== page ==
Consumer spending in Ireland is expected to rise 1.3% in 2014, the first such increase since the start of the recession, according to Retail Ireland.
In its New Year statement, the group said that while the forecasted growth is still low, it’s a positive move in the right direction after spending fell in 2012 and was static in 2013.
But despite positive indications, retailers will remain under severe pressure, due to intense competition in the sector.
Retail Ireland director Stephen Lynam said: “At present, goods inflation is in negative territory as shops battle for footfall. Intense competition in the retail sector is likely to keep prices down in 2014.”
"The recovery in the sector is fragile and Government must ensure that no extra costs or unnecessary regulations are imposed as recovery takes hold. Keeping costs under control is essential if we are to create new jobs. At the height of the boom many costs, including wages, spiralled out of control, we cannot allow this to happen again. Many retailers remain in survival mode and pay expectations need to reflect economic realities,” he added.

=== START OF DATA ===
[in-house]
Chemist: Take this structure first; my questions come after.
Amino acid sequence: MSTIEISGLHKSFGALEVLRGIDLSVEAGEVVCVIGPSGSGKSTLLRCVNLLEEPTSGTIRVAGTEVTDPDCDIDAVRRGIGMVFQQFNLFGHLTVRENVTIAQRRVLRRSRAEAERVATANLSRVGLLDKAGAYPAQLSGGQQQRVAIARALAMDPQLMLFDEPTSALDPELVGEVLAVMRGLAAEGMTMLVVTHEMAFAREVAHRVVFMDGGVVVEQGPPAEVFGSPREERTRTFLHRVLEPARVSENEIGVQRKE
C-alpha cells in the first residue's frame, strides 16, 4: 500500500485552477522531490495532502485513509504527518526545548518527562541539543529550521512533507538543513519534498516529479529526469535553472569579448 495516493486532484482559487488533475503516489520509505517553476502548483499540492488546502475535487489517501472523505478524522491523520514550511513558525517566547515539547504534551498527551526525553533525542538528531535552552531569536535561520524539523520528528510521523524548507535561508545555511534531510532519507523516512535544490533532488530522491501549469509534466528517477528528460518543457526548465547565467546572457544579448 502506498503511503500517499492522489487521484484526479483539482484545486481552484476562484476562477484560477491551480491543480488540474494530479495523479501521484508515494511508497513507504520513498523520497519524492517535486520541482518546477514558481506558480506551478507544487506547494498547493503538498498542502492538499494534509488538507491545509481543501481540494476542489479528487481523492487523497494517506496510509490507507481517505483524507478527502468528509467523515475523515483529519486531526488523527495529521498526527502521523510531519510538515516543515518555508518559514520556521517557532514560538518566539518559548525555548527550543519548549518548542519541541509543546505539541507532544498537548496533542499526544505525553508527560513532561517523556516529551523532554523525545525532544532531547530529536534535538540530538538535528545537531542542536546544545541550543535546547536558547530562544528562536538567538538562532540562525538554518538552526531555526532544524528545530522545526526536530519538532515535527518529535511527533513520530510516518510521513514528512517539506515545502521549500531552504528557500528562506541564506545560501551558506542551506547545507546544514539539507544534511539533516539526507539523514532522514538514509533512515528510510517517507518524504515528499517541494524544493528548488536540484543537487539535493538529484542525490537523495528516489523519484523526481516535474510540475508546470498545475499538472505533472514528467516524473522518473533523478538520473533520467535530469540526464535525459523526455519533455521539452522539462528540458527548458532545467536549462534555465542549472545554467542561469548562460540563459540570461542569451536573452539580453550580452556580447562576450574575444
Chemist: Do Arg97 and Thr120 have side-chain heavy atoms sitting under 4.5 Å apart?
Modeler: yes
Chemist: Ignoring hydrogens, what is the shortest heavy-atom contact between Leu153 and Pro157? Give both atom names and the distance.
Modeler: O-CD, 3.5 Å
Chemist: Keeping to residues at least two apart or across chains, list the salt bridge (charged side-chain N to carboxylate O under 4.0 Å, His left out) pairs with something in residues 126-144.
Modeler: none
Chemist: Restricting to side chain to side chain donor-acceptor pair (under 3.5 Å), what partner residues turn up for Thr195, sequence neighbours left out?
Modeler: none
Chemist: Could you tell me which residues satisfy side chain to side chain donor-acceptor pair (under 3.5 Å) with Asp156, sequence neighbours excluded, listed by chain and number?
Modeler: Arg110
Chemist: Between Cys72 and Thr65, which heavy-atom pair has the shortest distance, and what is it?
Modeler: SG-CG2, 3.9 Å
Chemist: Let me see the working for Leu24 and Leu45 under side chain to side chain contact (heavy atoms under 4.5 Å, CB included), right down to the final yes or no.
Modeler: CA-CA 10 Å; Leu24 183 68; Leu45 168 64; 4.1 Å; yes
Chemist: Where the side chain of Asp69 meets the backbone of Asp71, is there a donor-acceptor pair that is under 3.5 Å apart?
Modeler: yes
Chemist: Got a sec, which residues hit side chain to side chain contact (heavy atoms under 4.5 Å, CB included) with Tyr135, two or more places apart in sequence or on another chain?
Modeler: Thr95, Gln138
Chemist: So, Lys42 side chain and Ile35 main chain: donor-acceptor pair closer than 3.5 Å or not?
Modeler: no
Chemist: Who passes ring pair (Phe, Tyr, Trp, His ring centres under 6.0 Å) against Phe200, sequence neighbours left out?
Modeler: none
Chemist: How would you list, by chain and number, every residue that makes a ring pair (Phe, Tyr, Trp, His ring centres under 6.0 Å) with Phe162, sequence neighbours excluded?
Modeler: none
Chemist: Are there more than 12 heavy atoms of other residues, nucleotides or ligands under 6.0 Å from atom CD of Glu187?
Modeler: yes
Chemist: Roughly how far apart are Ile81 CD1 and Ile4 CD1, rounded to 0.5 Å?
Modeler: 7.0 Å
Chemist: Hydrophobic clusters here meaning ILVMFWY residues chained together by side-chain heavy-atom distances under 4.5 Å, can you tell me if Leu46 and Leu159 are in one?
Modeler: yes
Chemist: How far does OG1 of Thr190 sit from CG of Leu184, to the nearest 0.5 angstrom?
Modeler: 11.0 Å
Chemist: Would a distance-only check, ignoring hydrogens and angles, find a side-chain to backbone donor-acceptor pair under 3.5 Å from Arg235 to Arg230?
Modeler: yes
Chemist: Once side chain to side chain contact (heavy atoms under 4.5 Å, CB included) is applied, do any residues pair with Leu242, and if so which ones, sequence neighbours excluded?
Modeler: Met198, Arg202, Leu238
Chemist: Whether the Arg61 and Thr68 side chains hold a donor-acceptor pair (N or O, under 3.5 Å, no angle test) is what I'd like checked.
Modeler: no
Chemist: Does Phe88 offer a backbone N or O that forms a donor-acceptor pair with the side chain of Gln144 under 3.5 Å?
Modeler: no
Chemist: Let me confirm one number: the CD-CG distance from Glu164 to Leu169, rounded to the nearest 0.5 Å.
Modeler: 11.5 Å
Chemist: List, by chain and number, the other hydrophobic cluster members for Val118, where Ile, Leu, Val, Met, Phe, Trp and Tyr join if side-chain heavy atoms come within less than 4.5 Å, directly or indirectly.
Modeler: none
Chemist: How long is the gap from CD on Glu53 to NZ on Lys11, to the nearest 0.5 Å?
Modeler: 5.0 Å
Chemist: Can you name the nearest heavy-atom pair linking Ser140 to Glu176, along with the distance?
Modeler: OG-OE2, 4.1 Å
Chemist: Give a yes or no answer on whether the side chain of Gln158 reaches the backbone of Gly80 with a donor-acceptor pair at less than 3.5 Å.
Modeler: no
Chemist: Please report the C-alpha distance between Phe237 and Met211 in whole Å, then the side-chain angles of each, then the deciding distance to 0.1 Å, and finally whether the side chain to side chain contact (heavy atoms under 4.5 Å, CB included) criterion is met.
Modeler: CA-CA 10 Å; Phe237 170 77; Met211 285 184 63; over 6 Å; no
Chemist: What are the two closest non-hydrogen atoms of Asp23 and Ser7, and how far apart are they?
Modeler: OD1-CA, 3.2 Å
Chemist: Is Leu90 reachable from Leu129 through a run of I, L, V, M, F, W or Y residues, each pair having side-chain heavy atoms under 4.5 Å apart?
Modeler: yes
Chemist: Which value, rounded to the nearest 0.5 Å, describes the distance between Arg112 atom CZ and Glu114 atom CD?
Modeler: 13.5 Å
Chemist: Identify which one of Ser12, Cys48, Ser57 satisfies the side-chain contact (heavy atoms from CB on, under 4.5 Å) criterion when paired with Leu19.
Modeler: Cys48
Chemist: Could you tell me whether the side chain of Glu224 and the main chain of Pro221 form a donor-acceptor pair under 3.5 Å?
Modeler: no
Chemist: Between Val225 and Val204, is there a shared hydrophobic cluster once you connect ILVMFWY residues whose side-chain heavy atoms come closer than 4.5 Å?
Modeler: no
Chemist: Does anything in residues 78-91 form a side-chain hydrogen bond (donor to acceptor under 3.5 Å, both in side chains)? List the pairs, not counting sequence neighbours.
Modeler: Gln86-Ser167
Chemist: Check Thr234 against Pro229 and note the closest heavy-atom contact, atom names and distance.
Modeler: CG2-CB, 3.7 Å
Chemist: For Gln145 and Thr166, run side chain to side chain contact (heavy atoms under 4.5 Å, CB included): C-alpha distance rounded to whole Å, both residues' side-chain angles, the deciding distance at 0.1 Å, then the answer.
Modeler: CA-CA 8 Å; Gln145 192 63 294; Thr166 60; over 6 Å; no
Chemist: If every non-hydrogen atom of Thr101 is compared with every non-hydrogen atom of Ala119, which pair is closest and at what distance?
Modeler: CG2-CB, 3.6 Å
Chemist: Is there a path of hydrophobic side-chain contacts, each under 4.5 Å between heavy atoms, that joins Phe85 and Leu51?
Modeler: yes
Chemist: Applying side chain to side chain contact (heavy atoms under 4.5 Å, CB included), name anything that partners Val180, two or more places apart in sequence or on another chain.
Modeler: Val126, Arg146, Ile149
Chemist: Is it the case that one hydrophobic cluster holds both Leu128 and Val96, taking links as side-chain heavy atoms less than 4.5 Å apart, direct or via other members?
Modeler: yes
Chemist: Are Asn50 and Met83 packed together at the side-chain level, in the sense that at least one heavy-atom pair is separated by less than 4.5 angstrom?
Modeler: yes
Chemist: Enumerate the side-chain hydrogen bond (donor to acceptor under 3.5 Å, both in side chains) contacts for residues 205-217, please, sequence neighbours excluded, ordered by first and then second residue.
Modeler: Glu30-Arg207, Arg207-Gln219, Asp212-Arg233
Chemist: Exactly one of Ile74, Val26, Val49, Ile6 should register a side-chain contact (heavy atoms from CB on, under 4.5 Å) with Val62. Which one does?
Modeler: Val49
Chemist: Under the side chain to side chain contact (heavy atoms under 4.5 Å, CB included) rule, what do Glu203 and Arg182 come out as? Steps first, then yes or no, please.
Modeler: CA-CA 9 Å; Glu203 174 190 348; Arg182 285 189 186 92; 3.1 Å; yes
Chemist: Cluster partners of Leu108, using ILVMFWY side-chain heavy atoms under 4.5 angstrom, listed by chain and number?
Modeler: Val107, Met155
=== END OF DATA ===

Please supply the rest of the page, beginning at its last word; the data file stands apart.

Ireland’s economy has been under huge pressure since 2008. The implosion of the banking system prompted a huge round of private sector deleveraging and personal debt decreased from €203.8bn in 2008 to €176.9bn in 2013.
However, increased activity in the retail sector has helped stabilise the situation.
"Many retailers reported a positive start to December, a fall off in sales in the run up to Christmas and a busy post-Christmas period. However, recent news coverage is only anecdotal. Official CSO data, to be released at the end of January, will give the complete picture,” continued Lynam.